If this sounds like a lot of time-consuming work, AMA’s Patchin acknowledges that the press of time is basic to these problems: “It is sometimes difficult to write down on the chart your comprehensive treatment plan for each patient and to document the informed consent and to follow through.” Physicians, she says, are constantly balancing: “Trying to see the number of patients that want to see them with the time spent in record keeping: that can be a trade-off.”

But Bolen claims that keeping things straight can also offer some efficiencies. For example, practices can save time by having the tools and the professional manner for dealing with suspected diverters. She provides doctors paper forms, for instance, for those times when patients have a story about lost meds or whatever. The patient is asked to write the story, sign it and hand it back for the file.

Physicians will cheer Bolen for her demand to DEA that it focus on what many of them of thinking: health plans often don’t reimburse adequately for documentation effort. The plans often limit or even deny coverage, she says, for the very steps doctors are urged to do to control diversion such as enforcing a written treatment agreement; doing adequate periodic review; or using consultation or referrals when necessary.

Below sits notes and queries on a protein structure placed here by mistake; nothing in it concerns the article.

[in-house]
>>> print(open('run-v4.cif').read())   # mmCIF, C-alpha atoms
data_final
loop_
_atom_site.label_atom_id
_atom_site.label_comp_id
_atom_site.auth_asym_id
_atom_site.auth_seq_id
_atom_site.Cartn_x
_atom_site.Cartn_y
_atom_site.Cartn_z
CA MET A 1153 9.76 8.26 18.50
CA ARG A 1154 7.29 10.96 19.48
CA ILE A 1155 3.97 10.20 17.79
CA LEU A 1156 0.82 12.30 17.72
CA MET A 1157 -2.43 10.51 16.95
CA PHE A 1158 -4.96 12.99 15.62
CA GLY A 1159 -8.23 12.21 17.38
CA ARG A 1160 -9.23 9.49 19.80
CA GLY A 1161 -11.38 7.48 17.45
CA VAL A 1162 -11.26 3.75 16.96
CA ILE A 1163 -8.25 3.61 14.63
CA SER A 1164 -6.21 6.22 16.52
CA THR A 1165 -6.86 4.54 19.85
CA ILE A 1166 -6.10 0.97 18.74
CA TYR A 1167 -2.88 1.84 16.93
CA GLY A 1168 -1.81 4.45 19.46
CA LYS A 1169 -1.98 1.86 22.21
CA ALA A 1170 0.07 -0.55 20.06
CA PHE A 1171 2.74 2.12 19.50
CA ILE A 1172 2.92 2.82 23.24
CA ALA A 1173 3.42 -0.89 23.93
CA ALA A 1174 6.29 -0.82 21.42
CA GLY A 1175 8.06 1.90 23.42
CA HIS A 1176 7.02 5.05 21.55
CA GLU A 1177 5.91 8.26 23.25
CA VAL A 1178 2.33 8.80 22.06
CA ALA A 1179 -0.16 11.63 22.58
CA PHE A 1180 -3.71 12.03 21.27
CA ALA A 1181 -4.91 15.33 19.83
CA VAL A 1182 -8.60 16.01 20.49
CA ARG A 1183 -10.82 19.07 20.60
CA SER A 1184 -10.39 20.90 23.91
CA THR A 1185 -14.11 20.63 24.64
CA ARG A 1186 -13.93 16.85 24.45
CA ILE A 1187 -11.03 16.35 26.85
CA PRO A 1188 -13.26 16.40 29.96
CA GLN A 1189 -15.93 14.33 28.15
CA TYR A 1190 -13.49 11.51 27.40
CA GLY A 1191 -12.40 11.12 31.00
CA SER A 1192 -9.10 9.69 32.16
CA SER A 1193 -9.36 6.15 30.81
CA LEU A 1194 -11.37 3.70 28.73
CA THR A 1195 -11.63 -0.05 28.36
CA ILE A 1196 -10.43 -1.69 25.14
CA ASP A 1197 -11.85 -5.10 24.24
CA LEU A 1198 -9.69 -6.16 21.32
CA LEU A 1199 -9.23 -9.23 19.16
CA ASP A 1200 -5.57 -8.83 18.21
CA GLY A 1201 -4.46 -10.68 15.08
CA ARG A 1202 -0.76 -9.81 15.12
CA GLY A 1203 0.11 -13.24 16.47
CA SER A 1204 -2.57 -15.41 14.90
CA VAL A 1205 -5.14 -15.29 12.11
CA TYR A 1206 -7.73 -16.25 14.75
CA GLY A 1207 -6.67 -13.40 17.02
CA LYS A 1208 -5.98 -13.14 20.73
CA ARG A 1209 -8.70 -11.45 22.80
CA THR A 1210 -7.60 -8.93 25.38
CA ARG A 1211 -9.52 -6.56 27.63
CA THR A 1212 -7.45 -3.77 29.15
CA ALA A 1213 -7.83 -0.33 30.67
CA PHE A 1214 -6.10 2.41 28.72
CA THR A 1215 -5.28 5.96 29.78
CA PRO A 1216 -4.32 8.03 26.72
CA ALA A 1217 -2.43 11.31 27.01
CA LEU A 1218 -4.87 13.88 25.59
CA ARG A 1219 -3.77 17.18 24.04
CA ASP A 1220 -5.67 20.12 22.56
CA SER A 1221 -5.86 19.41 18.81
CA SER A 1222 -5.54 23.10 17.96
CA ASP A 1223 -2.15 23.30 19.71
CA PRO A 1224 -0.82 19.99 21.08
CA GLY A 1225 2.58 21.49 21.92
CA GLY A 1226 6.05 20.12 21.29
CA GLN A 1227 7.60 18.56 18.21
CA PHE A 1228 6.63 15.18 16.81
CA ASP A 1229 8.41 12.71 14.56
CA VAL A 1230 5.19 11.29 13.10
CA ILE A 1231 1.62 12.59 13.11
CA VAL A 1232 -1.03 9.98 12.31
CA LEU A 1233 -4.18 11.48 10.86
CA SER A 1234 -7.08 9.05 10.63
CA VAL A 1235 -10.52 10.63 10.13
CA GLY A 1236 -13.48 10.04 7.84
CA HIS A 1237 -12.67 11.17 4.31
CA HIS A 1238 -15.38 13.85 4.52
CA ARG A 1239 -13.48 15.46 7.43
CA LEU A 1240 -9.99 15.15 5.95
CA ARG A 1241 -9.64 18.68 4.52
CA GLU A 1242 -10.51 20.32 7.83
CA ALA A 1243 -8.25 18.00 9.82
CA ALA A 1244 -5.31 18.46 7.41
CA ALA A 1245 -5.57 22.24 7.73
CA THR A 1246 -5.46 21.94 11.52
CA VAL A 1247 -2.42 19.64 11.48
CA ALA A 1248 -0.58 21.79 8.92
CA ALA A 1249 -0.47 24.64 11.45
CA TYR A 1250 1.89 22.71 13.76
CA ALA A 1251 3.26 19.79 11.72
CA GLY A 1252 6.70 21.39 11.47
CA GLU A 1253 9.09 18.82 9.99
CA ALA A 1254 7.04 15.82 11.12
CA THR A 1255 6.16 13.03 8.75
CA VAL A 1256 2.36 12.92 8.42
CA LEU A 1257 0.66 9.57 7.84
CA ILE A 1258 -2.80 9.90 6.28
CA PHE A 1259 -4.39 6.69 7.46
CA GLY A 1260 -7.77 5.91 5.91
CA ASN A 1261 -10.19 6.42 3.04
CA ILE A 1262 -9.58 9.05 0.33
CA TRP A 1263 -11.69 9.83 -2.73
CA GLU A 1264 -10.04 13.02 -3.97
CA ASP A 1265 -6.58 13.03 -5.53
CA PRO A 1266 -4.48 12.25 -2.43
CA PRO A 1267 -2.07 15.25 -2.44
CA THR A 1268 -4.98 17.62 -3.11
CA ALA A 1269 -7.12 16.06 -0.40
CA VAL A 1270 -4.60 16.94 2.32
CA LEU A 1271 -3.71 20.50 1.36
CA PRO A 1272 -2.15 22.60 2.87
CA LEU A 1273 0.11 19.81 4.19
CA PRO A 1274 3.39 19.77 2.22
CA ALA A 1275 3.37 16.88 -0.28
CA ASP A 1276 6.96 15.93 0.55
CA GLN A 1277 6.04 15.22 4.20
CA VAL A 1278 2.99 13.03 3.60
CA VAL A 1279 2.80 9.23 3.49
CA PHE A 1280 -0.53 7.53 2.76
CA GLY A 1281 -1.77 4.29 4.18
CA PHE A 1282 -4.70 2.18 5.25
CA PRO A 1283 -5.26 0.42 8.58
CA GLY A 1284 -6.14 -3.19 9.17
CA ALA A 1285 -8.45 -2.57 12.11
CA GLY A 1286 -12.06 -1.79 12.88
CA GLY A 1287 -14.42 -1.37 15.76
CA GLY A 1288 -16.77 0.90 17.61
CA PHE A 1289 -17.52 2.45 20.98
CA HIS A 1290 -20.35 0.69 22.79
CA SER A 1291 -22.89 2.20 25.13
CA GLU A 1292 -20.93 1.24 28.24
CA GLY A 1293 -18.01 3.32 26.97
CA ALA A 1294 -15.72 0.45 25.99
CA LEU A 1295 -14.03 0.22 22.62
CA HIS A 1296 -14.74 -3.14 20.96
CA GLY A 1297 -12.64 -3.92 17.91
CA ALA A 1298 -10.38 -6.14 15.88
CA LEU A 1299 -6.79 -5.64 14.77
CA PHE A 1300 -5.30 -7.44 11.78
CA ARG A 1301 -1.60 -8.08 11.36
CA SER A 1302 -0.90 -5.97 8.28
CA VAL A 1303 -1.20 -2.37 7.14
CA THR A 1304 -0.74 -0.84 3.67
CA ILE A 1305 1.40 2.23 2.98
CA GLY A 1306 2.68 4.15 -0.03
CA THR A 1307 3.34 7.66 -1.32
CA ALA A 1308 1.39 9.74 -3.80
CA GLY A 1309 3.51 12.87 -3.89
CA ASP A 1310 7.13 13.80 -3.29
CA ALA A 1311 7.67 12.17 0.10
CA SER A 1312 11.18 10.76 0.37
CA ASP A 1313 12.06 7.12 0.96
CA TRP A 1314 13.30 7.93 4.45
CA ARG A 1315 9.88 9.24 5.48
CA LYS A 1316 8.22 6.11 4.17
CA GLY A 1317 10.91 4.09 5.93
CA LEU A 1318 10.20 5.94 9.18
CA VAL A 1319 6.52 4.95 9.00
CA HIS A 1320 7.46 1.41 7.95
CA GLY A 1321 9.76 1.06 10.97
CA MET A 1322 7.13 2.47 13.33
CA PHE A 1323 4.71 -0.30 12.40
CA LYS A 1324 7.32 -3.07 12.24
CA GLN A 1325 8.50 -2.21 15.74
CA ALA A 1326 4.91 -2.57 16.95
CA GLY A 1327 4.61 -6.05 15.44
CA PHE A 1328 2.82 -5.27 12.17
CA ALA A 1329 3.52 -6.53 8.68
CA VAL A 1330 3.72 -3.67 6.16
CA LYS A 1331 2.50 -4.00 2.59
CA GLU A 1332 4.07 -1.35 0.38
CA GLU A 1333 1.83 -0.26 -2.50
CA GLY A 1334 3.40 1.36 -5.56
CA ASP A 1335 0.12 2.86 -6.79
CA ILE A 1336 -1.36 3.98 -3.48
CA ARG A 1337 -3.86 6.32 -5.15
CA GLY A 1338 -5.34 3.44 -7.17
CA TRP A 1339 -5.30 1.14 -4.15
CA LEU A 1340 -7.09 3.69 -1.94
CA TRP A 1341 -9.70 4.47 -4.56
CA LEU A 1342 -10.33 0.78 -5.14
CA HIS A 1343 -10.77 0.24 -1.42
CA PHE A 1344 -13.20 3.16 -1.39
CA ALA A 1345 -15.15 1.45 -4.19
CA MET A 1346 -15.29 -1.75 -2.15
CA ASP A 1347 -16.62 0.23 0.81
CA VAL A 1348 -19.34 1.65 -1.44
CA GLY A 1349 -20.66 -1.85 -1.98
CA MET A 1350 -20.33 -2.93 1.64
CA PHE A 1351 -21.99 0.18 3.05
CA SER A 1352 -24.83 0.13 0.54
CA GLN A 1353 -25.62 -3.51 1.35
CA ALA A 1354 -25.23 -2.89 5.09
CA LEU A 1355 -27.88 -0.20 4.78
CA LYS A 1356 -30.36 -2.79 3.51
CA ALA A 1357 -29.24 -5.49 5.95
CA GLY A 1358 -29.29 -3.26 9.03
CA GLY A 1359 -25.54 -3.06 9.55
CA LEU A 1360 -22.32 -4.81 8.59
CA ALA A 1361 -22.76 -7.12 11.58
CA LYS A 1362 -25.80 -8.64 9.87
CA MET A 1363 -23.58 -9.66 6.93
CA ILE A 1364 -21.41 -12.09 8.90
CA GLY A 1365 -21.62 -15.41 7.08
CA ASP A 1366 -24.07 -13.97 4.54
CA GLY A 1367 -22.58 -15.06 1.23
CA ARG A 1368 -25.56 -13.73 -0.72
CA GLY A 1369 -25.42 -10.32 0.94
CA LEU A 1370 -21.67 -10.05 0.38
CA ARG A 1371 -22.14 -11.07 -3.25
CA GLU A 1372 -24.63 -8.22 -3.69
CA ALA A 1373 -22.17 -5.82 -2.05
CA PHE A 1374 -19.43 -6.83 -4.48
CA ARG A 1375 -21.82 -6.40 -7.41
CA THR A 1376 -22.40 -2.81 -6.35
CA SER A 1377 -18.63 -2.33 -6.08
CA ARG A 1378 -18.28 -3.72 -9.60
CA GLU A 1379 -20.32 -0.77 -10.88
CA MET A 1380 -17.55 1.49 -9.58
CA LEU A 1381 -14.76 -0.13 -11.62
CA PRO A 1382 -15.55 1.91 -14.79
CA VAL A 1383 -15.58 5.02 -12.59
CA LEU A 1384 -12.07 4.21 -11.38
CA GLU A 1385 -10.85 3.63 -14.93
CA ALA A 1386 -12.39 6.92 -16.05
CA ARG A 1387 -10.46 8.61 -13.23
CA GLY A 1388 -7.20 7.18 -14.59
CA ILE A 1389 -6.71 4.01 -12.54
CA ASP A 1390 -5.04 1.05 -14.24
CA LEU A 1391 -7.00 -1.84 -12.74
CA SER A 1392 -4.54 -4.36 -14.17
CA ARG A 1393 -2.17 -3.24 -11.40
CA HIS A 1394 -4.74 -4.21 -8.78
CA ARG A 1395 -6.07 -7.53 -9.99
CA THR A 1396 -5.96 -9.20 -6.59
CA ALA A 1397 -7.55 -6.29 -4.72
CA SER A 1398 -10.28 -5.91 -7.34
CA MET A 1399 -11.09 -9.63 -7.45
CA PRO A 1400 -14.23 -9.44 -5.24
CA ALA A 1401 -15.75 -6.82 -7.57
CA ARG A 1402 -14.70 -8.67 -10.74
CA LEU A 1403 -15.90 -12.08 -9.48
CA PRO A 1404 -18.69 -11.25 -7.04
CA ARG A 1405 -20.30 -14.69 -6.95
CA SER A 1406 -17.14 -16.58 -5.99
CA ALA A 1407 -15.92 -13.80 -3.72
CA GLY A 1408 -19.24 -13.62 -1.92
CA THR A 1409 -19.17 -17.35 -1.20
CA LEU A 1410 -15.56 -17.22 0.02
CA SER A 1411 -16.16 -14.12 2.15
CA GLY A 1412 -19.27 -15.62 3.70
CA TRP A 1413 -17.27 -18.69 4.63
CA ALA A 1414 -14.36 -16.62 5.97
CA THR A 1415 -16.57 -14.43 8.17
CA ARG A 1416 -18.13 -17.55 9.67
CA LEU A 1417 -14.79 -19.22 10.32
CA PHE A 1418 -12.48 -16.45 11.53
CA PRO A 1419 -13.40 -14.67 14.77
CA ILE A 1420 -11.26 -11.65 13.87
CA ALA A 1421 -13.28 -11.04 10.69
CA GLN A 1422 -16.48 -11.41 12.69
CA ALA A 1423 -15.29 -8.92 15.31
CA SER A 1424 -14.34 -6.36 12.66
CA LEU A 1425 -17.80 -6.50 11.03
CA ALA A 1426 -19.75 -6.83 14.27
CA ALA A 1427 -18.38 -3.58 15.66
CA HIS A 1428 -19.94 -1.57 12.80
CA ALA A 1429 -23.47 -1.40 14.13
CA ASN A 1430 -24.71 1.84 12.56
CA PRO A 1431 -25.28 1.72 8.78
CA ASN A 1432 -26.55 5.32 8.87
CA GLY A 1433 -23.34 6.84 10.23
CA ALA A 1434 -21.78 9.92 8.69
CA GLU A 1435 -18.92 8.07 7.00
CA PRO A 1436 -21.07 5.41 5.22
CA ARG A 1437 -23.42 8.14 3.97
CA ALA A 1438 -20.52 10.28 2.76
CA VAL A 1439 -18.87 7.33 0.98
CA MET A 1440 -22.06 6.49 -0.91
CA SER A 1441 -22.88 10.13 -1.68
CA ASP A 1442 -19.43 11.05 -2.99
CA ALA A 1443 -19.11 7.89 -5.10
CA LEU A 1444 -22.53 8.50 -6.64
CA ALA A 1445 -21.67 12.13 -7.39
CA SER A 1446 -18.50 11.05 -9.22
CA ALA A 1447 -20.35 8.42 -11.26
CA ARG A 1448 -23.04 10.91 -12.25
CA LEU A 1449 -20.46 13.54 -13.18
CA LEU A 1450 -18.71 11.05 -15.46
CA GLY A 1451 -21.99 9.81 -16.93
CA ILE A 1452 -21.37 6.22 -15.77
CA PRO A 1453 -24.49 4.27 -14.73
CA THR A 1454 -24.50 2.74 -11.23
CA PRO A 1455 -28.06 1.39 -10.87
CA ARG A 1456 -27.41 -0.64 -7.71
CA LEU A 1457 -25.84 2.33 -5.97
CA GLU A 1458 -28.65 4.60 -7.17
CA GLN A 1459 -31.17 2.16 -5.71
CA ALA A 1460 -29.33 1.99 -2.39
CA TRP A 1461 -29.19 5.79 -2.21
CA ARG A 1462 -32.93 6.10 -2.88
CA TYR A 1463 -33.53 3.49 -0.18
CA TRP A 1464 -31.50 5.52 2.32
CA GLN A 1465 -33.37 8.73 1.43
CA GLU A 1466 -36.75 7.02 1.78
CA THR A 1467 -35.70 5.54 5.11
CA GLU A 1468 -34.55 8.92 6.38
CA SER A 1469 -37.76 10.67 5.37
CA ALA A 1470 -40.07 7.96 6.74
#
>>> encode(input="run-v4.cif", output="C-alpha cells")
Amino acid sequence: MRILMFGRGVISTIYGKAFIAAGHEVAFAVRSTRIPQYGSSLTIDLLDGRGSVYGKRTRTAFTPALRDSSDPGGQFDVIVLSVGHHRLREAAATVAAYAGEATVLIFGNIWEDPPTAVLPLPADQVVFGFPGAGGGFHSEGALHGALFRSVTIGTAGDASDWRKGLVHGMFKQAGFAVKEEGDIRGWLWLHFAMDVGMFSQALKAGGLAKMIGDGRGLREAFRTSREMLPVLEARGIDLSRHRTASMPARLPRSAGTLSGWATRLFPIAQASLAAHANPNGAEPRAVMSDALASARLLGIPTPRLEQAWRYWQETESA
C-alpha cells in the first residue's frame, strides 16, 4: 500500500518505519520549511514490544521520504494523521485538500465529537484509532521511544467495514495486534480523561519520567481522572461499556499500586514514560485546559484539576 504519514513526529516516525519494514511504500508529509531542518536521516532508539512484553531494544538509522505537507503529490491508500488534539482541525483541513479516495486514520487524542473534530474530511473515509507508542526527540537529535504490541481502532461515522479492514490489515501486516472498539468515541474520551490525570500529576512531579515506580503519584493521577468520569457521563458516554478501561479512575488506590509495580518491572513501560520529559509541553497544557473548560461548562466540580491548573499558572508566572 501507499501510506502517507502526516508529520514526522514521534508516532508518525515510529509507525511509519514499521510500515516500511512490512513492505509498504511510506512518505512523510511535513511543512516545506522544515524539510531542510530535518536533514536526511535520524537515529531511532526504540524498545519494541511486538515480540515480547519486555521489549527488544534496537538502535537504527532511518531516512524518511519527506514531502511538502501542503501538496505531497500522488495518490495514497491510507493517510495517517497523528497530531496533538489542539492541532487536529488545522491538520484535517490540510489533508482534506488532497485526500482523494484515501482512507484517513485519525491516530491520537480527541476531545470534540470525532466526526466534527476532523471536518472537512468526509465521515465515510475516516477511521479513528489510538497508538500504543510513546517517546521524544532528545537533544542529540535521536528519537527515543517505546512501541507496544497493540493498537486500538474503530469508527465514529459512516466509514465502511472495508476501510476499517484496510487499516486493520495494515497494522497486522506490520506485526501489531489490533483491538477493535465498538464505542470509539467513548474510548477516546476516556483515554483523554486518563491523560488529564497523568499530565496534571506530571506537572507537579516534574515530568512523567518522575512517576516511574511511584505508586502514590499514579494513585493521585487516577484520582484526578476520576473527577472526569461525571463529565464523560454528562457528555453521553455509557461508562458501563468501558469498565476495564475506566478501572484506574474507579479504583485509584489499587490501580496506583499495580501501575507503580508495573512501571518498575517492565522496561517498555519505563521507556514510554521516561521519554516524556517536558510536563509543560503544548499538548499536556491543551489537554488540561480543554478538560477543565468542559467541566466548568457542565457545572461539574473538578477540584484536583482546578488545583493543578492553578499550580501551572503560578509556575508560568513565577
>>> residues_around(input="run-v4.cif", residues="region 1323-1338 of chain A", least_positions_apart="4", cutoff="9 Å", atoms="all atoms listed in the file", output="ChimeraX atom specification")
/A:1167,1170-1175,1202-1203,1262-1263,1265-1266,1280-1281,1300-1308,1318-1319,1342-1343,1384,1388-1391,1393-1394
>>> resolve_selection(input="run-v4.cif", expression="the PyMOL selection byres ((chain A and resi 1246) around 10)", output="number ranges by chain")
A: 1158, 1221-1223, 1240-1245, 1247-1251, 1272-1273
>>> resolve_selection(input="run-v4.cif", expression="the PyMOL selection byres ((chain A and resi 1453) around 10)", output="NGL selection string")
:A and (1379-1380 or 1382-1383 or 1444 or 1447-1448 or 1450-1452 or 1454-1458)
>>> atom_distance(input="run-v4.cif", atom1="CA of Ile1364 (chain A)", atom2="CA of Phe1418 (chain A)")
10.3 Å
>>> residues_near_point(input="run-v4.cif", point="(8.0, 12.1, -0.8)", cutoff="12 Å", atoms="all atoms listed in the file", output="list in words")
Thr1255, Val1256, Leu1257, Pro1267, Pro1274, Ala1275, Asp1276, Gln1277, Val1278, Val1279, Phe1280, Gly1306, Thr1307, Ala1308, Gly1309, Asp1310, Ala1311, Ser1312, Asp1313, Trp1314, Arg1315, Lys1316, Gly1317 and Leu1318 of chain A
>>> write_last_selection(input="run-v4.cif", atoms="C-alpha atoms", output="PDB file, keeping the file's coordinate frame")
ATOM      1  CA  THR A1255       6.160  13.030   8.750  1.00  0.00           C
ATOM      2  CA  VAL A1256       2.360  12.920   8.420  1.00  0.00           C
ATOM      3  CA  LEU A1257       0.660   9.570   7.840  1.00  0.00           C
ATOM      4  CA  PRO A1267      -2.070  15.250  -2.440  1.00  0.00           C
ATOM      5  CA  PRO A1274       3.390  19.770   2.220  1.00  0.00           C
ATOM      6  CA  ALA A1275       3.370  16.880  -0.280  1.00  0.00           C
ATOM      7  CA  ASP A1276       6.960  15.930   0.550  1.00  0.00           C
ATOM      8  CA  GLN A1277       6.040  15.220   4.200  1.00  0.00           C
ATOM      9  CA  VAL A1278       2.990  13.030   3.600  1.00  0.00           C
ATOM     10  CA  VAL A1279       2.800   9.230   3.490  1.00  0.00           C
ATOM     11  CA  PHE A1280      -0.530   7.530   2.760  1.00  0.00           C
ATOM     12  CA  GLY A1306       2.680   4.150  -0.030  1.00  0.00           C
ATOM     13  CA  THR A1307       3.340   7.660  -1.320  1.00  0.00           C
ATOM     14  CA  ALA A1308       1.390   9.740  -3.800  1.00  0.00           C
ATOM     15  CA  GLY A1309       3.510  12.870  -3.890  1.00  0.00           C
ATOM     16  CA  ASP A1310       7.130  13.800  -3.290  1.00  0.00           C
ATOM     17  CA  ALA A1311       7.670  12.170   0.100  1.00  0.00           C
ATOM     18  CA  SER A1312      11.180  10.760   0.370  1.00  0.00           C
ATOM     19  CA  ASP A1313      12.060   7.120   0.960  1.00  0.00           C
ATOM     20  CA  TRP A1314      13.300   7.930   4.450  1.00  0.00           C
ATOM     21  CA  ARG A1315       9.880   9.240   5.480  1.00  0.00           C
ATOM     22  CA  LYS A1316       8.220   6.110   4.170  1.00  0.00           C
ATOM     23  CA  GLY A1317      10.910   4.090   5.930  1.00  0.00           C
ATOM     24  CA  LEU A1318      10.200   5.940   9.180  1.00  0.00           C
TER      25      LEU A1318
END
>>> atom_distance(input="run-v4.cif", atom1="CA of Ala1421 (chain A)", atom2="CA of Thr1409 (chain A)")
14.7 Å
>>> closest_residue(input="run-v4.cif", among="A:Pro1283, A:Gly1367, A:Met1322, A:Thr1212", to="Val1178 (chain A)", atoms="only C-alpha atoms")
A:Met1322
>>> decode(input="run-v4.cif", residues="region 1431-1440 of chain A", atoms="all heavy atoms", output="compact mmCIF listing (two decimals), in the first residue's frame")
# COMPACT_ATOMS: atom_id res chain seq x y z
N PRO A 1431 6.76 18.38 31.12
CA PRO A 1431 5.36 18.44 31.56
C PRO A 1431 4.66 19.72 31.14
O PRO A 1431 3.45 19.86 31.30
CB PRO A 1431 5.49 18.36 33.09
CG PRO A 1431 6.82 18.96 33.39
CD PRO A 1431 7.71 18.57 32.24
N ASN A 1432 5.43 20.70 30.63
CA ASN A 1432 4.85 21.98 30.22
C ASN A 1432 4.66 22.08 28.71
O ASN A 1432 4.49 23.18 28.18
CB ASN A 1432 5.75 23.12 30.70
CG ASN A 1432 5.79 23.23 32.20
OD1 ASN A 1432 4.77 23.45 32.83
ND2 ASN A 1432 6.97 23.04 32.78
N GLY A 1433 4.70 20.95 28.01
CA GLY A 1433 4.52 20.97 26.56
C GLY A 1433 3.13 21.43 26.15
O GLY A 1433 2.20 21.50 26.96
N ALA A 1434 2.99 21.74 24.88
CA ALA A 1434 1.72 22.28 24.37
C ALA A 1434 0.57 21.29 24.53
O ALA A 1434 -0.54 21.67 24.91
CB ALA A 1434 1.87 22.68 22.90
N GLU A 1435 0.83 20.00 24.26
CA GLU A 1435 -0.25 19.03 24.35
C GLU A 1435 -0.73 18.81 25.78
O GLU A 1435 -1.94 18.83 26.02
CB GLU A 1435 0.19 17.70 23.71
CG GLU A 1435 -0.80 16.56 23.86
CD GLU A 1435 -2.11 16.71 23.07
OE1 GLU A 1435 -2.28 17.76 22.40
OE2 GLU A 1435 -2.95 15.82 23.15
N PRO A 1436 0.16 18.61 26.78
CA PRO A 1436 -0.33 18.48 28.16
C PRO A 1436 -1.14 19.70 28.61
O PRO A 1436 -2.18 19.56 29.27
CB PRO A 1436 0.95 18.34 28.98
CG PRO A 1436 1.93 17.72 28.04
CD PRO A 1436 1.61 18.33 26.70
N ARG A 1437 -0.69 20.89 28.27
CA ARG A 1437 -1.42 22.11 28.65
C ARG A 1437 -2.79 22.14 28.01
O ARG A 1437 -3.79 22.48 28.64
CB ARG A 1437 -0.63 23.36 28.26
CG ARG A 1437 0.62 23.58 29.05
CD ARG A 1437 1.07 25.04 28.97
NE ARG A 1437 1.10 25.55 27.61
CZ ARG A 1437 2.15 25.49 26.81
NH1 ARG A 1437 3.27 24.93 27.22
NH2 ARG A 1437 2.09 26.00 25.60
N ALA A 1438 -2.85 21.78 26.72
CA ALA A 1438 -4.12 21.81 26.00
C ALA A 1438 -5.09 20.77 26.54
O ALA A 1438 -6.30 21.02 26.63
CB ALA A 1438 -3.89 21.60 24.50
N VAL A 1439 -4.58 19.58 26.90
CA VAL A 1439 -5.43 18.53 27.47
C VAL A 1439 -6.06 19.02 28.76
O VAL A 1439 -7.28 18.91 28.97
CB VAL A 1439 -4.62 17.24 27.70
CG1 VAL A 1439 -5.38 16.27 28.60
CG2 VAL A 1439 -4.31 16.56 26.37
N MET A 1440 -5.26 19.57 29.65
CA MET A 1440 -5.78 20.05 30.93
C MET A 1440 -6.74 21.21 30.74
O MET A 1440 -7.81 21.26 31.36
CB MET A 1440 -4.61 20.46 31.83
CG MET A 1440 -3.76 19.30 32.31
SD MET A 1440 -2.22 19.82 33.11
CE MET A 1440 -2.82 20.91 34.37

Bolen tells DEA it would be a complete miscarriage of justice if the agency expects physicians to follow such directives without considering that health plan language limits their discretion. AMA’s CME unit also notes that managed care strictures can be barriers to adequate pain assessment in general.

Hopeful Signs

A reason for hope is that people in all corners of the issue are acutely concerned about the chilling effect on prescribing, including the DEA and state medical licensing boards. All parties involved are vowing to talk to each other. DEA has reportedly held meetings with a number of organizations, including AMA and FSMB, just to listen to their concerns. In fact, AMA has provided DEA with over 600 copies of its CME program on pain to educate DEA investigators.

In addition, Burke says the National Association of Drug Diversion Investigators (NADDI) is working on a joint effort with a national medical organization and wants to interact with other physician groups, perhaps to exchange speakers. He says, “Let’s kick this thing around.” NADDI is also developing some online training courses, he notes. “We want to get the message out that we want to work with them and make it better for everybody, and ultimately for legitimate patients,” Burke says. Admitting he too might be a little paranoid if he were a doctor in today’s climate, Burke says, “But we need to reduce that for everybody’s sake.”

Last updated on: June 29, 2016